Continue sawing all the way around the metal until the shape is cut free. If you're cutting out the center section of a piece of metal, remove one end of the blade from the jeweler's saw frame, then remove the blade. File then polish the metal edges so they are smooth.
Helpful Sawing Tips:
Sawing motion should be fluid, up and down, not pushing forward--let the tool do the work!
If you saw with too much force or try too hard, you'll probably break a blade. Always check the tension of your blade, as a loose blade is more likely to break.
The cutting motion comes from the elbow, not the wrist. Hold the saw frame lightly, keeping your arm and body relaxed and saw using long, even strokes.
If your pattern calls for curves, or when it's time to turn a corner, turn the metal being cut, not the saw
If the blade gets caught in the metal, stop moving the saw then try to remove it from the metal
If you are able to get it out, re-lubricate the blade while it's in place then try to move it
If you are not able to get the blade out, try to start sawing again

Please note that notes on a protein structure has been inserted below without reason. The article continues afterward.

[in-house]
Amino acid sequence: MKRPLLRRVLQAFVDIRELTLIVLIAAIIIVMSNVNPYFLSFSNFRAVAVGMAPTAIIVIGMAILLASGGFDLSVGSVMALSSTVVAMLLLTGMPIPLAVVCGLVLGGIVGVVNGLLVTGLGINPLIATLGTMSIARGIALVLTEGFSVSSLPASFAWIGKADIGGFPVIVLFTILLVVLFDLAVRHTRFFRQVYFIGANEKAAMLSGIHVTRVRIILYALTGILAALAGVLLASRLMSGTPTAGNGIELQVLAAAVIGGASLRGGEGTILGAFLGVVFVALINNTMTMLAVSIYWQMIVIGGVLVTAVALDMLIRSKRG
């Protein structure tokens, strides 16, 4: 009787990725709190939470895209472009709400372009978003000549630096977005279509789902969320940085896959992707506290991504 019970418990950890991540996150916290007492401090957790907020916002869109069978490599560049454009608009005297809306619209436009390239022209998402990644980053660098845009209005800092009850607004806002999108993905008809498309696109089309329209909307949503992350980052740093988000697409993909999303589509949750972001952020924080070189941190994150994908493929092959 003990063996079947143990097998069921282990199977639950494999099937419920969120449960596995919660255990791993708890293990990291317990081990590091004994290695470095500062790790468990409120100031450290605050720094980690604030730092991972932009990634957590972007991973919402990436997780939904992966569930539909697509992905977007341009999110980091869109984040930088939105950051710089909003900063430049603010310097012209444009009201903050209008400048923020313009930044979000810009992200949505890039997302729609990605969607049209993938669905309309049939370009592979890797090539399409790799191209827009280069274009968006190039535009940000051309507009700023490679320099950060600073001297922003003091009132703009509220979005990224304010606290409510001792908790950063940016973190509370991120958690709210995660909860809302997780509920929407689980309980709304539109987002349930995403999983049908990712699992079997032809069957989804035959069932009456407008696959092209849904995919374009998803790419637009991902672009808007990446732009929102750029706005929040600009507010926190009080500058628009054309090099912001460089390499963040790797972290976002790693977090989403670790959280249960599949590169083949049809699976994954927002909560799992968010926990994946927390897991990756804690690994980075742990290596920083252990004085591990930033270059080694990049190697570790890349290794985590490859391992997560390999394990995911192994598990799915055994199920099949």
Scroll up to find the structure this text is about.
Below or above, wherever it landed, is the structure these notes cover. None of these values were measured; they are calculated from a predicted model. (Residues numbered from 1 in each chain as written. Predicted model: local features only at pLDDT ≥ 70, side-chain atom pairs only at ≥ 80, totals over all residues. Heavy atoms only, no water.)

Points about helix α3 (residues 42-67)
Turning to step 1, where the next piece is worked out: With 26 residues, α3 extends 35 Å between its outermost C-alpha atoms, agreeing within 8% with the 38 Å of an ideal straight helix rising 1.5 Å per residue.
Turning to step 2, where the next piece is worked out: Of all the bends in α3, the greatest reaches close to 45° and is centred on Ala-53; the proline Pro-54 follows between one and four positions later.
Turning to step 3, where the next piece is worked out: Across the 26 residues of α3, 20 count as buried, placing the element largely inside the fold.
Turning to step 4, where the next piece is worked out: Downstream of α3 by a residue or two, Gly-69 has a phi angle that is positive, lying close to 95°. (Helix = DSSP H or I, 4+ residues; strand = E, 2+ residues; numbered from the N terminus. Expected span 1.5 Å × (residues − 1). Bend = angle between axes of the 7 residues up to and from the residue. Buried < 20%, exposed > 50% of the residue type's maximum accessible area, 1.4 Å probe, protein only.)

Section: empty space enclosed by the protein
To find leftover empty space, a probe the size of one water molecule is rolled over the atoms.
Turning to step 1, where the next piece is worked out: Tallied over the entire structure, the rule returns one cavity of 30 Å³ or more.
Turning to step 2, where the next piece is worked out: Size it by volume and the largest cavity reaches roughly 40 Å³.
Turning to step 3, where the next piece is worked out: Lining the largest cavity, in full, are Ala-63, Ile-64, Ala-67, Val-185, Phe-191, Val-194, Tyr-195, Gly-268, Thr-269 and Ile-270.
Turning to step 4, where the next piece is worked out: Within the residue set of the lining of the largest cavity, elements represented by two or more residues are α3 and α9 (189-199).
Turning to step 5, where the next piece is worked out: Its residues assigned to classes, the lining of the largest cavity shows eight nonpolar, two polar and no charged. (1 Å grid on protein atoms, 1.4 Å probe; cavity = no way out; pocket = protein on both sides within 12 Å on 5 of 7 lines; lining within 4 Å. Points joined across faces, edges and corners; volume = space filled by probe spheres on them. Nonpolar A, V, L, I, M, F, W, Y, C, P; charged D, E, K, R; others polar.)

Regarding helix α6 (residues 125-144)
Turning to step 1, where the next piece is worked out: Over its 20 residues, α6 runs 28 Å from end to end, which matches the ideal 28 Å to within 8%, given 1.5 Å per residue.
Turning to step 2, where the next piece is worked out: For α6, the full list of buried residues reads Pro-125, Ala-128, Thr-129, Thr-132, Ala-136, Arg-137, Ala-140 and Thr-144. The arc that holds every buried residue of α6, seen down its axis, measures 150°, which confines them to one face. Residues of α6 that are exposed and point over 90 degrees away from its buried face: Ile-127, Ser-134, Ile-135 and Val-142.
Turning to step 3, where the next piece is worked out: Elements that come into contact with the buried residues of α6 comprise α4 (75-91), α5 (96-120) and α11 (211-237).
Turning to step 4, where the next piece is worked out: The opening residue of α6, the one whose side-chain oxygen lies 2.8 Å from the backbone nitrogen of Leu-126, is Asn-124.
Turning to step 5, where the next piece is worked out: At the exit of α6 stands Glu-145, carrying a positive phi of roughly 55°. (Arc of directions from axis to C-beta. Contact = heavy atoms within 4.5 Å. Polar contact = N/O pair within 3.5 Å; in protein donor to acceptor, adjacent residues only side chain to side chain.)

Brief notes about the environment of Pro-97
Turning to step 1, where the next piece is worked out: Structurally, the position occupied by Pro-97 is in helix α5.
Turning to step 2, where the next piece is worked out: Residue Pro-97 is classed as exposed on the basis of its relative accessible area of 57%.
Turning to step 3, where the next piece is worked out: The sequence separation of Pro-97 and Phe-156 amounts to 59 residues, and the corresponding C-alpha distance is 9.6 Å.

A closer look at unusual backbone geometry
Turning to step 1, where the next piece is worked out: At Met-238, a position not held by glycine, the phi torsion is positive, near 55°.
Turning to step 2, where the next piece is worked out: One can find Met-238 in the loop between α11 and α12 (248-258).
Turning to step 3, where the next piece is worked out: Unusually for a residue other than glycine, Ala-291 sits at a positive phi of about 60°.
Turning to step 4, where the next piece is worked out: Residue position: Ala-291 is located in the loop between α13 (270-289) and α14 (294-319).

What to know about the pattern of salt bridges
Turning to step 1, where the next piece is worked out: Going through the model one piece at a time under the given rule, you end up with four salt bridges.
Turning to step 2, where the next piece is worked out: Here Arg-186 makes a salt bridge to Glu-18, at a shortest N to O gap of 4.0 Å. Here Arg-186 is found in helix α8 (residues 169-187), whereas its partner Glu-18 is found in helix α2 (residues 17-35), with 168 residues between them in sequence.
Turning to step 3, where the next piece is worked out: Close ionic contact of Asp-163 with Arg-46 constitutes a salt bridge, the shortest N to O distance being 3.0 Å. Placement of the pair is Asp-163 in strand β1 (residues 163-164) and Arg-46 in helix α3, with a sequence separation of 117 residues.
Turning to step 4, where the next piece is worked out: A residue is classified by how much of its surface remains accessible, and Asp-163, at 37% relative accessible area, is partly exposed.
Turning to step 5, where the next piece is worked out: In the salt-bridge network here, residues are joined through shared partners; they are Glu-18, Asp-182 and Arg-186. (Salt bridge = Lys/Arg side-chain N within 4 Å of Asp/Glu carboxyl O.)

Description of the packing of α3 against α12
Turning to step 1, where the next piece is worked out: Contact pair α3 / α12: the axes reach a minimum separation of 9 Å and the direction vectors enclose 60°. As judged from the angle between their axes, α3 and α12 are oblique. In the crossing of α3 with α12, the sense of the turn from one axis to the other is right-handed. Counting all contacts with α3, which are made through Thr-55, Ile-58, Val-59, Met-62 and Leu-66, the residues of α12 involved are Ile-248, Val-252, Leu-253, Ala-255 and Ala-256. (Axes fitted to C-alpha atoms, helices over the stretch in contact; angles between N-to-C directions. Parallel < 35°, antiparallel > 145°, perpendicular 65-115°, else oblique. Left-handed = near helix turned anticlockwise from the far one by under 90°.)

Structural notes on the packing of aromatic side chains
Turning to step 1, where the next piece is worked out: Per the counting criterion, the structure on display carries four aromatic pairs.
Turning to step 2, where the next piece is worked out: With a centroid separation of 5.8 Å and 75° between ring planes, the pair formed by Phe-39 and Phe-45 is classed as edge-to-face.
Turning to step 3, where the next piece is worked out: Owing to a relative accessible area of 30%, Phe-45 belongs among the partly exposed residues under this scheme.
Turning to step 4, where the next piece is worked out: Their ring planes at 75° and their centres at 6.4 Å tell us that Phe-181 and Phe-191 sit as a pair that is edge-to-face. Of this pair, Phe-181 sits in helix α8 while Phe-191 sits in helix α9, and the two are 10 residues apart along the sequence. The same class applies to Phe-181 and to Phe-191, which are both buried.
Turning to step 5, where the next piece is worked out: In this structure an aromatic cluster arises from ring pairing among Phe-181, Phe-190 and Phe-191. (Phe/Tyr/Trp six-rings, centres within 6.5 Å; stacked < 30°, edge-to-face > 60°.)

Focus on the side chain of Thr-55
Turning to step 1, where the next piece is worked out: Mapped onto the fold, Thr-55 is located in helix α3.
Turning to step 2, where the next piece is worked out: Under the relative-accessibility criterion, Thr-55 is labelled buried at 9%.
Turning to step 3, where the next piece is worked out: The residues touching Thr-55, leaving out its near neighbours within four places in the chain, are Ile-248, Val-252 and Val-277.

Once you are able to free the blade from this one spot, lubricate the blade again, to keep the friction at a minimum
If you force the blade through a tough spot, you run the risk of breaking the blade. If this happens, remove the blade, reinsert a new one then start sawing again.
Create metal strips, rods and tubing by using a tube cutter vise and jeweler's saw. Learn more about this in the FREE how-to video: ''Tube Cutting Jig''.
Sawing Safety and Comfort
Always wear safety glass while sawing because blades can break and you'll notice yourself getting closer and closer to your project as you work. It's always a good idea to take frequent breaks, ensure proper lighting and set up your sawing station at a height that is comfortable for you.
View a collection of jewelry design ideas including basic, intricate and pierced metal sawn shapes from Fire Mountain Gems and Beads' Gallery of Designs for jewelry sawing inspiration.